The repeated publication of data championing radical operations for PDAC, therefore, unintentionally creates heuristic frameworks that reinforce our collective surgical bias—that a chance to cut is a chance to cure. The reality is that outcomes reported from experienced tertiary referral centers will likely not be replicated in other institutions. The related concern is that others may use such data as a green light to adopt them into practice settings less equipped to provide the multidisciplinary resources required for these patients or lacking the ability to rescue patients from adverse complications synonymous with radical surgery, resulting in even worse outcomes. Furthermore, this genre of data is tantalizing because it convinces us that we as a surgical community are making progress in the field—the ultimate confirmation bias. The reality is that the demonstrated technical prowess of increasingly radical resections has done little to move the needle forward in this disease with respect to survival outcomes.18 Instead, our collective efforts must focus on improving understanding of its biological heterogeneity and therapeutic vulnerabilities. We need to not only develop more effective and less toxic systemic therapies but also discover novel biomarkers of therapeutic response/resistance. As such, frequent integration of transcriptomic signatures (eg, classical and basal/squamous19) predicting therapeutic responses in PDAC,20 or identification of molecular predictors of localized non-metastatic disease failure (eg, intact SMAD421) may enable strategic application of radical surgery to subsets of patients—no matter how small—who might benefit.

We must take care, however, to not allow these biological and statistical considerations to undercut surgical innovation. There has been undoubted progress in minimal access surgery and making radical surgery safer. Notwithstanding, while exceptional technical feats should be recognized, the reality is that only a select few patients are candidates for such operations and come to resection when selected for such a path. Even when radical surgery in select patients is temporarily successful, it is highly debatable whether the ensuing outcomes surpass that which could have been achieved with less morbid systemic therapies. Meaningful advances in the care of PDAC patients ultimately rests on developing effective biomarkers to distinguish those who will benefit from extensive operations, and altering the trajectory of its biology at the cellular level and not just in the gross resection of visible disease, no matter how elegant or enticing it may be.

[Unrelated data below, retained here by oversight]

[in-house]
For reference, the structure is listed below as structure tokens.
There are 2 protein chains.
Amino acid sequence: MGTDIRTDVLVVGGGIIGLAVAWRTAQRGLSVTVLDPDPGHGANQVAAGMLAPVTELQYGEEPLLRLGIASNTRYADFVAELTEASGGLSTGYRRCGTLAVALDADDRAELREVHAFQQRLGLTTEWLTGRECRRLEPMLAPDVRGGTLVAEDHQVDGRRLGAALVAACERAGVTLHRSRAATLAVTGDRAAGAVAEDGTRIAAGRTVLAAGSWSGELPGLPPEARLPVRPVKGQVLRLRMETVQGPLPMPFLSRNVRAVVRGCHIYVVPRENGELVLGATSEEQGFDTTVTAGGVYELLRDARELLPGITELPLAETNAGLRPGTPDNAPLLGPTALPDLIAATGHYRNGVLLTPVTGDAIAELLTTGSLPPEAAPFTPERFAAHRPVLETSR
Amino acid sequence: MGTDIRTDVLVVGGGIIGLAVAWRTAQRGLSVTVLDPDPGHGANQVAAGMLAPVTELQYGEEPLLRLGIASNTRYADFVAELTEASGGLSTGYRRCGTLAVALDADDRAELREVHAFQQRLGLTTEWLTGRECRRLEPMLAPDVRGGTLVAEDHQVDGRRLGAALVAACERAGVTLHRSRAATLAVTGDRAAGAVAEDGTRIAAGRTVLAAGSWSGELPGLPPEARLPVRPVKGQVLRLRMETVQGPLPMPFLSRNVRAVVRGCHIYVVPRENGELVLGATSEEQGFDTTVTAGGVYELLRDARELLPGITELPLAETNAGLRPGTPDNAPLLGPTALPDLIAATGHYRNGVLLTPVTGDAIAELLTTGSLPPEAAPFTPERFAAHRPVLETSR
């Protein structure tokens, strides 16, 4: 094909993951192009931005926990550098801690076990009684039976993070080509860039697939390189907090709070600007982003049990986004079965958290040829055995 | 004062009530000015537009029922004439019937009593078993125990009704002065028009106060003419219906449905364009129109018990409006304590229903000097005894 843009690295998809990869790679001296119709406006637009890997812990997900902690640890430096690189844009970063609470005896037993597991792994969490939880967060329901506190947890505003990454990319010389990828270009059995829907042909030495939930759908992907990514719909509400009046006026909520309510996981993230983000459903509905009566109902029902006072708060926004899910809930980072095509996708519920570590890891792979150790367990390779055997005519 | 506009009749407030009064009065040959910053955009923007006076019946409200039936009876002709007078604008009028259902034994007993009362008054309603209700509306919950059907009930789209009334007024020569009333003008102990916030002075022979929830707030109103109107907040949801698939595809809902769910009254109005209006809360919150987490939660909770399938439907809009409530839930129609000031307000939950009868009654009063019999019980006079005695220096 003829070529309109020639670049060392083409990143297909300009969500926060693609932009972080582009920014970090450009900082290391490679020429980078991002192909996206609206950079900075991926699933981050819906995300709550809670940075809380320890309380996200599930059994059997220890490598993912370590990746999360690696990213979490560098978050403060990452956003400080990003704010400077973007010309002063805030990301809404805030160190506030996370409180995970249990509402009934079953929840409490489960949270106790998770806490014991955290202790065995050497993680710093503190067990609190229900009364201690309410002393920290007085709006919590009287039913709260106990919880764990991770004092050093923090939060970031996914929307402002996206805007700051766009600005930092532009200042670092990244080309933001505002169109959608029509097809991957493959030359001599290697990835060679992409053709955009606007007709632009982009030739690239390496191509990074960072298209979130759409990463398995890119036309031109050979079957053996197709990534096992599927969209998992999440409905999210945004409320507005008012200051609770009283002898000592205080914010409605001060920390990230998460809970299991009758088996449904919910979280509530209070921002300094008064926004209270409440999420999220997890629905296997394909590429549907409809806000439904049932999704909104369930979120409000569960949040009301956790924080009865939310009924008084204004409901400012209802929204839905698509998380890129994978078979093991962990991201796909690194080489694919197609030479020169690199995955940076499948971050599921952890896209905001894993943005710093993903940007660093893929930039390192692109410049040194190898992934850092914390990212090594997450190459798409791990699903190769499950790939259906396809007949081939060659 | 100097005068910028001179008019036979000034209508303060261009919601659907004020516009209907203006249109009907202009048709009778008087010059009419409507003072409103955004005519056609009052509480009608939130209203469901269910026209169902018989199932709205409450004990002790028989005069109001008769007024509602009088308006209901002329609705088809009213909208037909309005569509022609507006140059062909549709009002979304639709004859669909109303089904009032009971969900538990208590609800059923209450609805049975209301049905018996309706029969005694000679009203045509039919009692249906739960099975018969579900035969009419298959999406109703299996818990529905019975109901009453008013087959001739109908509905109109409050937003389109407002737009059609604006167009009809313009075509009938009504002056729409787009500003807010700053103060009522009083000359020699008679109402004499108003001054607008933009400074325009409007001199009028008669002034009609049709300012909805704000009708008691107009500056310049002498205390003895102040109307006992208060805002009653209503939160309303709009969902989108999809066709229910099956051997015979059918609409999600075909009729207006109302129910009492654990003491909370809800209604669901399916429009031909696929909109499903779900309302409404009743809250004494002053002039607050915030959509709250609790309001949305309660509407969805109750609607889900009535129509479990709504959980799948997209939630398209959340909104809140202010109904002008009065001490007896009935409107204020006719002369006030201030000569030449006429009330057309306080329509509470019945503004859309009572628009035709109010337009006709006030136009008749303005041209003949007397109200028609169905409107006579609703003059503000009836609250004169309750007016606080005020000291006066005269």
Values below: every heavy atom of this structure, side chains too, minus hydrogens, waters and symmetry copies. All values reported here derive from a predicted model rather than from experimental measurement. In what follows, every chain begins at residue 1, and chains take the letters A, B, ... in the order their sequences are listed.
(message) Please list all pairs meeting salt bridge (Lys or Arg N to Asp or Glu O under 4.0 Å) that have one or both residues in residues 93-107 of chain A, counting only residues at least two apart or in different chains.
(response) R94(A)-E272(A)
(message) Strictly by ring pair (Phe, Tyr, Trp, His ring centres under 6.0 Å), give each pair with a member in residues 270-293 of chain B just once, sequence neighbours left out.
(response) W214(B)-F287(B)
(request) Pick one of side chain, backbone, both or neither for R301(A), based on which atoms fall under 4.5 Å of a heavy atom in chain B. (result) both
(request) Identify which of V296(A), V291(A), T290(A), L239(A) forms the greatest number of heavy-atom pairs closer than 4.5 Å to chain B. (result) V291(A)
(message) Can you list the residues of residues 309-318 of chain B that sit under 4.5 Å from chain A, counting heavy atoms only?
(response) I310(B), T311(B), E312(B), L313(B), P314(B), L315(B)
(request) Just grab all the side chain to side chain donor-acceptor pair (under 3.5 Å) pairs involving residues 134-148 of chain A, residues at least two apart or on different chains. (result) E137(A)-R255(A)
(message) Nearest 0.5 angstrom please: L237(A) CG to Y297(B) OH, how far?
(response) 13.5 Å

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arterial resection; biology; biomarkers; borderline resectable; chemotherapy; denominator; intention to treat; locally advanced; metastasectomy; pancreatic cancer; radical surgery